High on this government’s list of bad habits is its apparent compulsion to suppress its own reports. The latest was Lord Agnew’s review into the right to roam in England’s countryside. Currently, only 8% of English land and 3% of inland water is accessible to the public; in contrast, Scots are permitted to walk, camp, cycle, swim and kayak on most of their nation’s open spaces.
Agnew’s report was planned to create “a quantum shift in how our society supports people to access and engage with the outdoors”. The Treasury, however, in winding up the project, effectively re-emphasised its minister’s stated belief that “the English countryside is a place of business”.
Over the coming month, beginning today at Totnes in Devon, the Right to Roam group will be protesting against England’s fiercely protective land laws in a series of creative trespass events that argue for the extension of public access to forestry, downland and green belt. The protests take aim at the most visible of the host of statutes that continue to preserve the ancient, high-walled ownership model that still governs the majority of England’s green and pleasant acres.
A useful primer in those urgent issues of land reform might also be found in the polarities of two of last week’s dramatic revivals: on the one hand, Downton Abbey: A New Era, the latest instalment of Julian Fellowes’s rich-man-in-his-castle nostalgia franchise; on the other, Jez Butterworth’s Jerusalem, the most raucous of investigations into the ancient argument of who owns Britain. Mark Rylance’s question, in the voice of Jerusalem’s untameable Johnny “Rooster” Byron, facing eviction from his patch of Wiltshire land, and declaring a day of freedom to all-comers, might have made a good starting point for Lord Agnew: “What the fuck do you think an English forest is for?”
I once spent a very long 45 minutes interviewing the then England manager Fabio Capello in a hotel room in Lesotho, through the medium of a pony-tailed translator and two public relations officers. Every question I asked was filtered three ways to find the blandest possible form of words from the taciturn England supremo. In the longueurs when those translations were being perfected, I had an idea for a reality show involving football managers shipwrecked together on a desert island: who, I wondered, would prevail?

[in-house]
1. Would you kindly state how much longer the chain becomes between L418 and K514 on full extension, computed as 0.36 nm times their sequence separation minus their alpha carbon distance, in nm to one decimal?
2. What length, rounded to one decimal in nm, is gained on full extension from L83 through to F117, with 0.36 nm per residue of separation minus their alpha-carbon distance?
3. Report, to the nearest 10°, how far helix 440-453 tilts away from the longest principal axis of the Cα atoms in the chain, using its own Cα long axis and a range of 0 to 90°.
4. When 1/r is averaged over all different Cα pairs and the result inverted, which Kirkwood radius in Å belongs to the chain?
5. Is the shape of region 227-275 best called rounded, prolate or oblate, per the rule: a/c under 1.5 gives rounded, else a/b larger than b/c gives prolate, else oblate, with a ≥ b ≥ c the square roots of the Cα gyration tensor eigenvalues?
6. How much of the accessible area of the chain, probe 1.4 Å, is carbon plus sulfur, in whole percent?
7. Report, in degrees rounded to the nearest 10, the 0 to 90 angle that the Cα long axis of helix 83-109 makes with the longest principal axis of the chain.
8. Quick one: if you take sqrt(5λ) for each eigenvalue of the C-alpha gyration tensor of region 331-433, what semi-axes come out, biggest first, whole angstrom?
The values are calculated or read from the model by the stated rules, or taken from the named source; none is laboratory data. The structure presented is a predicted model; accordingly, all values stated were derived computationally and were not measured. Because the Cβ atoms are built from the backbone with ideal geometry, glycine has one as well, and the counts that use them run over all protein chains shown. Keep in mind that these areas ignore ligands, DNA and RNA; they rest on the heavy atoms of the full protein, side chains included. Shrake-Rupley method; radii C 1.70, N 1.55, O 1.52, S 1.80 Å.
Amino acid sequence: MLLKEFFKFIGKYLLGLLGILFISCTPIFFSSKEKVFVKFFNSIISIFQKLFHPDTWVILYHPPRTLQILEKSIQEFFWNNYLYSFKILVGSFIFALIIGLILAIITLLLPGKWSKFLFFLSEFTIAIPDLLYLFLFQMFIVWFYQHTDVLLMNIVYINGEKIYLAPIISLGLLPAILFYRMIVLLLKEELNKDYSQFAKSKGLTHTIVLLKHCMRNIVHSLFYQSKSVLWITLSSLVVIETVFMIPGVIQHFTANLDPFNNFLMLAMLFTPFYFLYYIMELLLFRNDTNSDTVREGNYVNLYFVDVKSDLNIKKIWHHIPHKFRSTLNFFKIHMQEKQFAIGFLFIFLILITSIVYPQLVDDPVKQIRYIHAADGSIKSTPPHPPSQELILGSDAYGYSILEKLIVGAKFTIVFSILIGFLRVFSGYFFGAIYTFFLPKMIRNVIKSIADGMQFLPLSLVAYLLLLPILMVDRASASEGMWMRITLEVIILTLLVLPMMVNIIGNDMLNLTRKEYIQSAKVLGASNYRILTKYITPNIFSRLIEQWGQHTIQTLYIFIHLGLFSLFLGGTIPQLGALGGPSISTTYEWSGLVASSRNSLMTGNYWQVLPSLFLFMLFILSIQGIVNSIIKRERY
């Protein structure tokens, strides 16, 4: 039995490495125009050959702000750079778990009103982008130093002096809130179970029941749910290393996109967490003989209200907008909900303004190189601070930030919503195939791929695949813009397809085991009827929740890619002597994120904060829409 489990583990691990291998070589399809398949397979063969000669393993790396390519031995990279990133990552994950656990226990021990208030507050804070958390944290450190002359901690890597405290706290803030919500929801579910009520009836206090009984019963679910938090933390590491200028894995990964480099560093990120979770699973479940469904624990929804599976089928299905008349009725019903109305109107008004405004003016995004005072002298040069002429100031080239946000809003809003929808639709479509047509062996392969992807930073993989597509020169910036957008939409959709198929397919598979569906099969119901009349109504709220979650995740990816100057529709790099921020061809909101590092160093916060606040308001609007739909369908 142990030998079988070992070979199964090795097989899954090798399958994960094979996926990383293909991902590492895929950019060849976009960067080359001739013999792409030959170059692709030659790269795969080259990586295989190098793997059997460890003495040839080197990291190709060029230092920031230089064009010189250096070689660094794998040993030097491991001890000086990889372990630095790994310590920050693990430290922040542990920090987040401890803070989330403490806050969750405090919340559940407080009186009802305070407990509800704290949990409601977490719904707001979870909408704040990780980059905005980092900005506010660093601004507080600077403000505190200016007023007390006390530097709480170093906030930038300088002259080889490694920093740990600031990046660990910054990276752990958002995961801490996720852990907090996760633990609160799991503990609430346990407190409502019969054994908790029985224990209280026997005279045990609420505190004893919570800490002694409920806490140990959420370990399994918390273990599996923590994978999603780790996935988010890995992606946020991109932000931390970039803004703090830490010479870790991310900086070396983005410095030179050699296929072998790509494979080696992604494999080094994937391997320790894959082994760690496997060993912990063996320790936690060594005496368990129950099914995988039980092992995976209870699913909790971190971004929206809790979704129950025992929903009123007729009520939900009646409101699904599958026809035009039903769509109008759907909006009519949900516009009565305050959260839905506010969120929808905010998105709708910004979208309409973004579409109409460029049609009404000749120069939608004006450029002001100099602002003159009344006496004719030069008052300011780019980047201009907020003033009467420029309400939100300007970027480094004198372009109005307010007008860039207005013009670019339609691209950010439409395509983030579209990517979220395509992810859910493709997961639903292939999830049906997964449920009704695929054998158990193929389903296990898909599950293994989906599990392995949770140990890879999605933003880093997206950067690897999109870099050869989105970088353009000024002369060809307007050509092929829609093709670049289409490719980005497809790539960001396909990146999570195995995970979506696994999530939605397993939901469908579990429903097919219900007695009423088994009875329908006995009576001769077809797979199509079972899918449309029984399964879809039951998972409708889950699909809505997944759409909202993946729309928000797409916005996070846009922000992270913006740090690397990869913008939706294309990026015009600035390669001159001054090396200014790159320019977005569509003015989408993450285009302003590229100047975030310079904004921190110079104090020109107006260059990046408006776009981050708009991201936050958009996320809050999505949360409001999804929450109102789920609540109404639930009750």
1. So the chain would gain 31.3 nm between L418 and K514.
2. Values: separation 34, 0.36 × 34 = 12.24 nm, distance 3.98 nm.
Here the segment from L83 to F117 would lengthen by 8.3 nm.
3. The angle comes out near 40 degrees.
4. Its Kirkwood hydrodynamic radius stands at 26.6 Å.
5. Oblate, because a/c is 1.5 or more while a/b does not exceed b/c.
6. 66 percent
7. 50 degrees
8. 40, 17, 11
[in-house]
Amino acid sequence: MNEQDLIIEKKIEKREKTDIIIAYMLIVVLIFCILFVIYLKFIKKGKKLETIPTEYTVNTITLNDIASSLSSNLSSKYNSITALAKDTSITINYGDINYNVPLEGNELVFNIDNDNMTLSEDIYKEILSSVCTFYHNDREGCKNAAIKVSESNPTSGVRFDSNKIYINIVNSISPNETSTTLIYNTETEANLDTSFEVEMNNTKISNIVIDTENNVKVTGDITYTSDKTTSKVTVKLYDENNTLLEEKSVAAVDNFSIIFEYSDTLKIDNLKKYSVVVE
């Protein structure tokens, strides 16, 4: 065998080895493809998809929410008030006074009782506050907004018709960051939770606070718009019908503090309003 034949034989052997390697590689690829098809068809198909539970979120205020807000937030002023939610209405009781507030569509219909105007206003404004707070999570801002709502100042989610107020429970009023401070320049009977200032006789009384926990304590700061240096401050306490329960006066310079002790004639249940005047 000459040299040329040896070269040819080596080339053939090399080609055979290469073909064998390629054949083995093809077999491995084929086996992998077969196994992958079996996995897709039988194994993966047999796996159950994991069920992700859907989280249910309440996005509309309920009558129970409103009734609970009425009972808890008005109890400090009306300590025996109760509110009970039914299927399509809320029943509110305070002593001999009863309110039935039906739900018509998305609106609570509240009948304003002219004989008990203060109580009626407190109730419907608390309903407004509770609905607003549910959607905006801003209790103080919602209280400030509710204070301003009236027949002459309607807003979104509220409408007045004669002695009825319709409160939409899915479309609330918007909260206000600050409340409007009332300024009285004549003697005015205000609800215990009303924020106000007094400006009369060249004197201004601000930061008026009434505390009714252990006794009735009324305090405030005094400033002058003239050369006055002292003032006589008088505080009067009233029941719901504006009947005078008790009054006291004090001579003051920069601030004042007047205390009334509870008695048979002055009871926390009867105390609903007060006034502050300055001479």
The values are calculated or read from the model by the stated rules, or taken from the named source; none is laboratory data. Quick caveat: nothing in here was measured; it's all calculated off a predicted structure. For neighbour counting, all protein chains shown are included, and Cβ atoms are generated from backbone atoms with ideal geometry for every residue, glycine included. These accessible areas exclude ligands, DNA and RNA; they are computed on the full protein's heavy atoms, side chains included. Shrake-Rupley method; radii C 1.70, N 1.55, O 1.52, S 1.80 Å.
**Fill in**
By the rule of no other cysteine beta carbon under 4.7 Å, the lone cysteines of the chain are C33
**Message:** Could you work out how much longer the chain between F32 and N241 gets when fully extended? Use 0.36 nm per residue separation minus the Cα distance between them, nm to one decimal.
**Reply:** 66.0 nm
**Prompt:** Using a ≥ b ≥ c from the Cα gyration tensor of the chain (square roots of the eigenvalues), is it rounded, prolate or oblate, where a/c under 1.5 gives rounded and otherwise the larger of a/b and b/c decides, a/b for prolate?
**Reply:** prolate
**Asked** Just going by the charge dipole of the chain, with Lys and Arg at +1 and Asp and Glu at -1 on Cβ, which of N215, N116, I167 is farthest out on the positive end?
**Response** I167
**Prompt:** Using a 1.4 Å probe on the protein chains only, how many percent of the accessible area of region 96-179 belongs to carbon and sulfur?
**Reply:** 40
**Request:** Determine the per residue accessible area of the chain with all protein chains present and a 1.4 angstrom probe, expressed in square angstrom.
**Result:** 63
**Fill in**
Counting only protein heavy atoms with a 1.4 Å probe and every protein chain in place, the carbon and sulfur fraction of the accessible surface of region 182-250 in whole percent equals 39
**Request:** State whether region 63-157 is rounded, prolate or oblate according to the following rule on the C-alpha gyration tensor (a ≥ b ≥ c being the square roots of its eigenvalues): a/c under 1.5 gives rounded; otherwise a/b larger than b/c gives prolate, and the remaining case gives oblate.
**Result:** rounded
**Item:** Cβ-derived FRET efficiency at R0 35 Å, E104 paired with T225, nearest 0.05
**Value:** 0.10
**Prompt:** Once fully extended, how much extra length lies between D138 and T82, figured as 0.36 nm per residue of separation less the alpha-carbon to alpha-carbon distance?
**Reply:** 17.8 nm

In the years since, it would have been hard to bet against Manchester City’s Pep Guardiola – with his unassailable mix of strategic purity and charismatic rigour – to emerge victorious from that particular jungle. The latest surreal last-gasp defeat of his team by Real Madrid in Wednesday’s Champions’ League semi-final suggested a different outcome, however. Having effortlessly mastered every Lord of the Flies survival strategy, a falling coconut would no doubt brain the Spaniard in the final act.
As we all collectively chip in to the monster profits of Shell and BP, and living rooms across the country get a little colder and darker, it seems no coincidence that the philosophy of Wim Hof is near the top of the bestseller lists. Hof peddles the idea that the secret to health and happiness lies in cold showers and frigid baths. Last week, I was flicking through Hof’s book with one eye on the ever-alarming smart meter, while weighing up the cost (and vascular) benefits of a 28-day cold shower regime. How long will it be before some minister steps forward to recommend “snowga” as an antidote to the cost-of-living crisis?